But now we have an official Trump news service through which he can reach the masses with his own skewed version of reality. And for now, at least, he has an official Minister of Propaganda in Kayleigh McEnany.

 

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“I certainly take responsibility for the fact that these documents, these notices, were labeled a subpoena under our administration […] It was improper, it was incorrect for us to label those notices as a subpoena, that was incorrect. That was improper, and I take responsibility for that.”

—Orleans Parish District Attorney Leon Cannizzaro, in an April 27 interview with New Orleans WWL-TV. Curiously, he never said the practice was a mistake or that he was genuinely sorry.

 

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Troy Hebert just won’t go away.

But in this case, he’s probably like to.

The former commissioner of the Louisiana Office of Alcohol and Tobacco Control (ATC) is scheduled in U.S. District Court Monday as a federal racial discrimination LAWSUIT  against him and ATC cranks up.

The lawsuit, to be tried before U.S. District Court Judge John W. DeGravelles, was filed by former ATC agent Charles M. Gilmore of Baton Rouge, Daimin T. McDowell of Bossier Parish, and Larry J. Hingle of Jefferson Parish.

The three claim that Hebert made working conditions so bad that employees had to take medical leave or were forced to resign. Each of the three filed separate complaints with the Equal Employment Opportunity Commission and received “right to sue” notices.

LouisianaVoice first reported the filing of the lawsuit three years ago, in July 2014. https://louisianavoice.com/2014/07/14/forcing-grown-men-to-write-lines-overnight-transfers-other-bizarre-actions-by-troy-hebert-culminate-in-federal-lawsuit

The lawsuit says five African-American supervisors worked in the ATC Enforcement Division when Hebert, a former state senator from Jeanerette, was appointed by then-Gov. Bobby Jindal in November 2010. “By means of the manipulative actions by Troy Hebert…there are now no African-American supervisors within the ATC Enforcement Division,” the petition says.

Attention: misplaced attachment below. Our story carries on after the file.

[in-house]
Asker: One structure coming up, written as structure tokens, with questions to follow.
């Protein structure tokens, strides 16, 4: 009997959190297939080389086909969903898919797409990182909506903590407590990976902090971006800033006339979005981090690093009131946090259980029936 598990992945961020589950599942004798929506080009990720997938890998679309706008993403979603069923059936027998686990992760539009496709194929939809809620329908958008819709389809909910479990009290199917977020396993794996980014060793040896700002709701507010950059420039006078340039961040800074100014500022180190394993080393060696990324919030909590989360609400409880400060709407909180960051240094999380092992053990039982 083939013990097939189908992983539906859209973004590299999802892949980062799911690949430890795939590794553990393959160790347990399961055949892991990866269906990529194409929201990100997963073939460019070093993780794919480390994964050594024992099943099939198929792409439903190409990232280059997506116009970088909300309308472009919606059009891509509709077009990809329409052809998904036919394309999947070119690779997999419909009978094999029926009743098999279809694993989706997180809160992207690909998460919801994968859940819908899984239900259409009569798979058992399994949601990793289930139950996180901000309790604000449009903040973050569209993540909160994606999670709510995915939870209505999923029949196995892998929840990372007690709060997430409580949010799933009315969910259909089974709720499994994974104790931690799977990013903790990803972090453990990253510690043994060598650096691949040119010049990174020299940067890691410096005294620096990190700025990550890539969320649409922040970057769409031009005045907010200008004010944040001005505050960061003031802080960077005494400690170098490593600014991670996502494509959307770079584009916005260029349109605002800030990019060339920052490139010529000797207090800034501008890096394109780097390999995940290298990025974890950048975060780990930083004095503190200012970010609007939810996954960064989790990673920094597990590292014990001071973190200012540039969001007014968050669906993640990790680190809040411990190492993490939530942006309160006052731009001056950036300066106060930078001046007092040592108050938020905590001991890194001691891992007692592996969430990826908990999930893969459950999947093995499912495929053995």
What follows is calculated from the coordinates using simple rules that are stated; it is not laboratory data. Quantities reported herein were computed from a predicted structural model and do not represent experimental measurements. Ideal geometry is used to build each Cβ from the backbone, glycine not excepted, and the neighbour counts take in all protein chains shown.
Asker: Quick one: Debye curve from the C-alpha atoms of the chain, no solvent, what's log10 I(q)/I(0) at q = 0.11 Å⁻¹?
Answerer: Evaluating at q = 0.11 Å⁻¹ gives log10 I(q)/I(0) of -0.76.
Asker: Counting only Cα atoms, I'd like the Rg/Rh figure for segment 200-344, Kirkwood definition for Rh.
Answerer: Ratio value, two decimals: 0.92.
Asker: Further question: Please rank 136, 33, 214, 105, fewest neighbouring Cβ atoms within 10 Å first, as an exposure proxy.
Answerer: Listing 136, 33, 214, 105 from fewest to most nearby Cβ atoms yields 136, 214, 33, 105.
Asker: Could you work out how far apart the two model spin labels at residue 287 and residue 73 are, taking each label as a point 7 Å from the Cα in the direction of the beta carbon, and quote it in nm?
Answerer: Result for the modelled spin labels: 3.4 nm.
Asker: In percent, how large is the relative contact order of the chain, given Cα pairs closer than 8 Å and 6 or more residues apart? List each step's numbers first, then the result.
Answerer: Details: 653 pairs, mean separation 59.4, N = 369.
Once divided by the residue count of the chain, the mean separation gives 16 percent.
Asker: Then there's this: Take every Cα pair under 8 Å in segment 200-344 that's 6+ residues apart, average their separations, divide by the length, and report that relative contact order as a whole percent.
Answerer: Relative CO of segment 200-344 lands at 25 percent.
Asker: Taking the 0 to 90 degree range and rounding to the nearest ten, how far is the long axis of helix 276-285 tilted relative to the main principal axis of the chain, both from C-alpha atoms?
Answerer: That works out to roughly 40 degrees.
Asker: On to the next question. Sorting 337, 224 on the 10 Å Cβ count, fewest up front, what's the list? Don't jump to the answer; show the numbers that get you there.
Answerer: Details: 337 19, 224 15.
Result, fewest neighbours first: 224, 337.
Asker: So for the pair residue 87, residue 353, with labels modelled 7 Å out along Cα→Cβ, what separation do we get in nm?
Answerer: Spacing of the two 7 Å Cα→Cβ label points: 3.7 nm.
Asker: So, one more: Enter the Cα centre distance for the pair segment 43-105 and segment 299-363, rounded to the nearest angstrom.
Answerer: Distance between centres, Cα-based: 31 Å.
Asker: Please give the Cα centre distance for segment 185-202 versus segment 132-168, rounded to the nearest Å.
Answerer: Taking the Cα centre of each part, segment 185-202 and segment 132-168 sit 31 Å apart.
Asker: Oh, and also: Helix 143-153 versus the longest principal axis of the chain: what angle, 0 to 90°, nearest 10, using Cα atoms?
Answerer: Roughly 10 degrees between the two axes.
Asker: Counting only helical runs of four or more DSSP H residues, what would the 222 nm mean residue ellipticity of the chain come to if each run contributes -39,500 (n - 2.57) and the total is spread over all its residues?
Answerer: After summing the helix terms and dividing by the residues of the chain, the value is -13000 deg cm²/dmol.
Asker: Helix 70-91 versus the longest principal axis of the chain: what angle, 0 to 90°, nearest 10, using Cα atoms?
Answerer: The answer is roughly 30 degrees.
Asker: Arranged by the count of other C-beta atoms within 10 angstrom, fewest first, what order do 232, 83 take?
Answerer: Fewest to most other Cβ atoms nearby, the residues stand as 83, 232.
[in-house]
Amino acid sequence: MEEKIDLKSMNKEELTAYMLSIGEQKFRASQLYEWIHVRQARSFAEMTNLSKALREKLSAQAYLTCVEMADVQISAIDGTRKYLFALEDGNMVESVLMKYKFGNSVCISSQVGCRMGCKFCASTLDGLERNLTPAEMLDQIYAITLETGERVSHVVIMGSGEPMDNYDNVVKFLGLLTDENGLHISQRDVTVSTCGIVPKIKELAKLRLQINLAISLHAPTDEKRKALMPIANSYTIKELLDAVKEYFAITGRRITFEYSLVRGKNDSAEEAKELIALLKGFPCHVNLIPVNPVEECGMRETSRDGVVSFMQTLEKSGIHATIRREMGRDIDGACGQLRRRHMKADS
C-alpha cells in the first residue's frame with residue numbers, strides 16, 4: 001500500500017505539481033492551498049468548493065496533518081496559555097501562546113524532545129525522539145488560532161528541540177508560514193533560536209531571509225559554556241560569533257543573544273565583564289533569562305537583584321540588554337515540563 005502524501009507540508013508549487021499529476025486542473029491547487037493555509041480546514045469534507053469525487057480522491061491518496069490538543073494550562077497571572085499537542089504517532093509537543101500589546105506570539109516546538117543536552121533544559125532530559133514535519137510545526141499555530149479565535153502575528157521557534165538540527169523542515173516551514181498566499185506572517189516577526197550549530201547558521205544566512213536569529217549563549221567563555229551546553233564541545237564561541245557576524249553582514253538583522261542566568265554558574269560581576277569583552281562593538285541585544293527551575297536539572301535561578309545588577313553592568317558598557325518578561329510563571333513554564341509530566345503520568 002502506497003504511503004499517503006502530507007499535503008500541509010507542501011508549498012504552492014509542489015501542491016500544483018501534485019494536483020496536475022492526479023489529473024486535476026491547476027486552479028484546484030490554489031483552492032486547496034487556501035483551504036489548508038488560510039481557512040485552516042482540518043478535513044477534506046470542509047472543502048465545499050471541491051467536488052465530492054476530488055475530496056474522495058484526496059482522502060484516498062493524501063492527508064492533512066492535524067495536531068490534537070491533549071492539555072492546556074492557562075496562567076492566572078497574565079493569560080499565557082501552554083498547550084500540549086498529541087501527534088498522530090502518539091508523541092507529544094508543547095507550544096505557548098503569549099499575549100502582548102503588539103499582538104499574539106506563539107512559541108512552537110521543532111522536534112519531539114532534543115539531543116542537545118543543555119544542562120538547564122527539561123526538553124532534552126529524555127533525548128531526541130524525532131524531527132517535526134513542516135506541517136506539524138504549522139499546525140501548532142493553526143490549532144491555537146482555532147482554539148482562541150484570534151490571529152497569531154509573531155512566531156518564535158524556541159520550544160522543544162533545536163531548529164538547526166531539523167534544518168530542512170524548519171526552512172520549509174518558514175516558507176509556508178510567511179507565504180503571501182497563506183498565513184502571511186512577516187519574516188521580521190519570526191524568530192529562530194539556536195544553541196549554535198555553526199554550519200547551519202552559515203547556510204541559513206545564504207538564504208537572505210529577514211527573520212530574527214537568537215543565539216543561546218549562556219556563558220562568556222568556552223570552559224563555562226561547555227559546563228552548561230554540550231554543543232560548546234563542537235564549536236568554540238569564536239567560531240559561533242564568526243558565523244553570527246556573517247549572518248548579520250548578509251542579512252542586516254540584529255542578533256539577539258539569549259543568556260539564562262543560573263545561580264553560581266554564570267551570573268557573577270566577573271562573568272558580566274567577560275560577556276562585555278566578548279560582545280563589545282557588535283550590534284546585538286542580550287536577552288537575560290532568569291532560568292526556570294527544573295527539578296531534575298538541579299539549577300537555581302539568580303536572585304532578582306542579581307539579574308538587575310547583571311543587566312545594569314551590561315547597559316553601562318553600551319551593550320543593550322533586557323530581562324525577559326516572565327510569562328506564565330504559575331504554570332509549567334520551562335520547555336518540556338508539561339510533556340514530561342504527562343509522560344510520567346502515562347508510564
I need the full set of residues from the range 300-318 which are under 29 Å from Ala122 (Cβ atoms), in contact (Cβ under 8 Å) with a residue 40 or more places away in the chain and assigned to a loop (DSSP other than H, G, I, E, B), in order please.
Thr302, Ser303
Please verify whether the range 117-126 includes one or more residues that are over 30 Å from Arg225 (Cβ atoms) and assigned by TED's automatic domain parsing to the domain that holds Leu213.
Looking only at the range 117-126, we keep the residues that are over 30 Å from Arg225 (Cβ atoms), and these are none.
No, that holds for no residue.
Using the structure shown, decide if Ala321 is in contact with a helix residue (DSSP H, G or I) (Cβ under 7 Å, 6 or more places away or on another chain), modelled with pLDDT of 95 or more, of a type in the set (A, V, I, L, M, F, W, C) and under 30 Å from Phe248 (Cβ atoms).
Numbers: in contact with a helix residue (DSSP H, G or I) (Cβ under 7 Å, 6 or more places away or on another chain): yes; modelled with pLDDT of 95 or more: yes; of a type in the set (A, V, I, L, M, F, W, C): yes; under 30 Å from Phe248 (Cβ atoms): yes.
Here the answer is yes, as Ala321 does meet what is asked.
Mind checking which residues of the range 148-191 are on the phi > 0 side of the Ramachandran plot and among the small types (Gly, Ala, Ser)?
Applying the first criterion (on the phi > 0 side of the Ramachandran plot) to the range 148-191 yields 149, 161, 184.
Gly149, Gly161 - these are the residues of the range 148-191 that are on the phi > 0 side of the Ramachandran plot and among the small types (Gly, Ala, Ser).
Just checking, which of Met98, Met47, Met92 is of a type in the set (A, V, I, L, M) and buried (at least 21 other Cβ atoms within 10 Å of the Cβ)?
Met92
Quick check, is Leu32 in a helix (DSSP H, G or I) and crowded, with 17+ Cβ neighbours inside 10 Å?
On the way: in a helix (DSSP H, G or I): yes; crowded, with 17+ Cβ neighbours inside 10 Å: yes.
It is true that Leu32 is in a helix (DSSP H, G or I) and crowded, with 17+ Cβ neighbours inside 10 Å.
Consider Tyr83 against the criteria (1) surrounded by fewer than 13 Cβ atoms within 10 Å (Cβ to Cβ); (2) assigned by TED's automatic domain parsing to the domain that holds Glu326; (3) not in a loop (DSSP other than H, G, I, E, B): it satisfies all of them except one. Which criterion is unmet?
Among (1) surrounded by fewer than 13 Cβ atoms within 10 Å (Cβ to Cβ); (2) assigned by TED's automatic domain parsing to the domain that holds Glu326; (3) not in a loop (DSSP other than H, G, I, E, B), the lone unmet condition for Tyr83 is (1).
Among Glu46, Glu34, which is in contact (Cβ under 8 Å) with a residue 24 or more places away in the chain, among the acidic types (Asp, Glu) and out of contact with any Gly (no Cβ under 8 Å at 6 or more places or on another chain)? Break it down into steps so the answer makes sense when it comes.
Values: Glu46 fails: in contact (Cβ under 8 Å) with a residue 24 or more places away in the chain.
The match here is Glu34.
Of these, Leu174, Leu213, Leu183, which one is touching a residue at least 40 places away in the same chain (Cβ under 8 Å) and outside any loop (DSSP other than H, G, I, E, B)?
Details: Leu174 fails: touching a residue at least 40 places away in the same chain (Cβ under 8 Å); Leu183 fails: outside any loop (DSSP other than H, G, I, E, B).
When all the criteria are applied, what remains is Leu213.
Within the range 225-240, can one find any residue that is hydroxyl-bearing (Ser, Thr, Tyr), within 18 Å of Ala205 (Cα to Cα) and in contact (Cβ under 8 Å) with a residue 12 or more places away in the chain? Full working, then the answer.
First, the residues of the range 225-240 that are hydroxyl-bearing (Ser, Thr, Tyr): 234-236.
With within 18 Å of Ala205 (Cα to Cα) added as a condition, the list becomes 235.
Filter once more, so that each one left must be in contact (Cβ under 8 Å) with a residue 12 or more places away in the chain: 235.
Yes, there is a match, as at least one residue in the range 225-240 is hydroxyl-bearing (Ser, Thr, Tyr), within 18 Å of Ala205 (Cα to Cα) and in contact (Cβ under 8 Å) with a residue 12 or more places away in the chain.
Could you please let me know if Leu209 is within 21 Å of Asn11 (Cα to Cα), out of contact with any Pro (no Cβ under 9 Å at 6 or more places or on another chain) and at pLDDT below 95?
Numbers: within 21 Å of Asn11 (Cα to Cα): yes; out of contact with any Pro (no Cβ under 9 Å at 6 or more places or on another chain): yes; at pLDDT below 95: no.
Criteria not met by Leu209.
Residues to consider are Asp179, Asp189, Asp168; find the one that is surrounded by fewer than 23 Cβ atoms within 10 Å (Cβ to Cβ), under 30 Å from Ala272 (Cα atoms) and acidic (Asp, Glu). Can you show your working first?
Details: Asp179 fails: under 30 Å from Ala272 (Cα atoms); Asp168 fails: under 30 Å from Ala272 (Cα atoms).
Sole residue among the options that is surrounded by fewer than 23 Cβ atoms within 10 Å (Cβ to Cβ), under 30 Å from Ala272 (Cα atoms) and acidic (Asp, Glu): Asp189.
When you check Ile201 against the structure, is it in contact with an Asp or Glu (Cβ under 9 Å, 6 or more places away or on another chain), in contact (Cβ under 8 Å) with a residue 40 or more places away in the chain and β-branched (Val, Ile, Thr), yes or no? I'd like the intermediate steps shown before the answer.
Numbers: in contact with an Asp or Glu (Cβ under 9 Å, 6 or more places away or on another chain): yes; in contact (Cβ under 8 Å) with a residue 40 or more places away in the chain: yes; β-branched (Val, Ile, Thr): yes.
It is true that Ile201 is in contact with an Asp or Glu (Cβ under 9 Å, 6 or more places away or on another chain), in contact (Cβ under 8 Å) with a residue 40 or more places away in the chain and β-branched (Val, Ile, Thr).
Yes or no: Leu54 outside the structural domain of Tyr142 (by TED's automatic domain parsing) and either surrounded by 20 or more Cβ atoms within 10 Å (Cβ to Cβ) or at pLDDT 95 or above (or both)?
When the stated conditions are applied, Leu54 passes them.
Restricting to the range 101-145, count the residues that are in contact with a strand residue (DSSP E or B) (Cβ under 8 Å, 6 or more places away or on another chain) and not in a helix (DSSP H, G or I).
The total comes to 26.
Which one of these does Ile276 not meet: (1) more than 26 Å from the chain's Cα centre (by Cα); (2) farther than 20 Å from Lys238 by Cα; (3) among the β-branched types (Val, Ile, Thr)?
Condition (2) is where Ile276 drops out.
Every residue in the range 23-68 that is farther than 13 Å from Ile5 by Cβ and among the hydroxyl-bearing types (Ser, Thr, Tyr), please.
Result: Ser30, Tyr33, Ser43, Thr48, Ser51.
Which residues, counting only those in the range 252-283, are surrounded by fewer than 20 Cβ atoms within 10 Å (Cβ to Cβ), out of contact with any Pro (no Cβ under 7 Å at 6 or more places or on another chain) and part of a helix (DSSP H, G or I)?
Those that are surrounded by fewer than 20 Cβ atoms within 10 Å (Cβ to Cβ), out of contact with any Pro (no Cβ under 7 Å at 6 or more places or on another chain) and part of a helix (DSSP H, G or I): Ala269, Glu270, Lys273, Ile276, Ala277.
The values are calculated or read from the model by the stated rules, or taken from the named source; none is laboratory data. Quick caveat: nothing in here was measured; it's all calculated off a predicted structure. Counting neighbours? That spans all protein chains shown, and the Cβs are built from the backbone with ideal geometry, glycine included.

Prior to Hebert’s appointment, the three “had unblemished records with no prior disciplinary actions,” the suit says. “Each…had been promoted to supervisory positions at ATC before Troy Hebert’s arrival.”

The suit says Hebert “deliberately acted in disregard of the plaintiffs’ clearly established rights to be free from racial discrimination, race-based harassment and retaliation.

Gilmore worked for 10 years as a corrections sergeant and Louisiana State Police trooper before joining ATC in 1998 where he worked his way up to Special Agent in Charge until he was “constructively discharged” by Hebert on Sept. 27, 2013, the lawsuit says.

“Constructive discharge” is when working conditions become so intolerable that an employee cannot stay in the position or accepts forced resignation.

McDowell was hired by ATC in 2005 and in his seven years was promoted three times. Hingle was hired in 1991. During his 21 years of employment, he was also promoted three times.

The lawsuit also alleges that on Aug. 22, 2012, two days after taking leave, Gilmore and McDowell were told by fellow agent Brette Tingle that Hebert intended to break up the “black trio” a reference to Gilmore, McDowell and Supervising Agent Bennie Walters. Walters was subsequently fired on Sept. 7.

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Bureaucrats always blame the messenger.

Rather than devote productive efforts to cleaning up their act when they are exposed, management of public agencies would always rather go on a hunt to exact reprisals on those who may have blown the whistle.

That’s what took place today as several field personnel were called in and grilled about whether they were the sources for two recent LouisianaVoice stories. You can see those stories HERE and HERE.

And as an update to those stories, WWL-TV has CONFIRMED earlier reports by LouisianaVoice that Nanette Krentel, 49, wife of St. Tammany Parish Fire District No. 12 Chief Stephen Krentel, did not die from last Friday’s fire that destroyed the family home, but instead, died of a gunshot wound.

Even when a Louisiana Office of State Fire Marshal (LOSFM) inspector attempts to correct problems internally without alerting the media, those inspectors suddenly find themselves “reassigned” and forced to travel 200 miles or more to report to work in, say, Shreveport if the poor guy resides in the Baton Rouge area, or to Houma if he lives in Monroe.

And while these might not be actual cases, LouisianaVoice has learned that such reassignments do occur at LOSFM.

On Friday, field personnel were interrogated and told they would be required to submit to polygraph tests at unspecified times (“whenever we call you in to do so”) and that they would be interrogated further.

Reports out of LOSFM headquarters were that LOSFM Fire Chief Brant Thompson was “livid” over reports that staff are inadequately trained and certified before they are fully prepared to conduct arson investigations. One inspector, Henry Rayborn, highly regarded for his professionalism by nearly a dozen of his co-workers interviewed by LouisianaVoice, resigned following a confrontation with Thompson over the St. Tammany fire investigation.

That’s a strange reaction from Thompson, coming as it does only weeks after he contacted LouisianaVoice after we spent the better part of a week poring over office expenditures.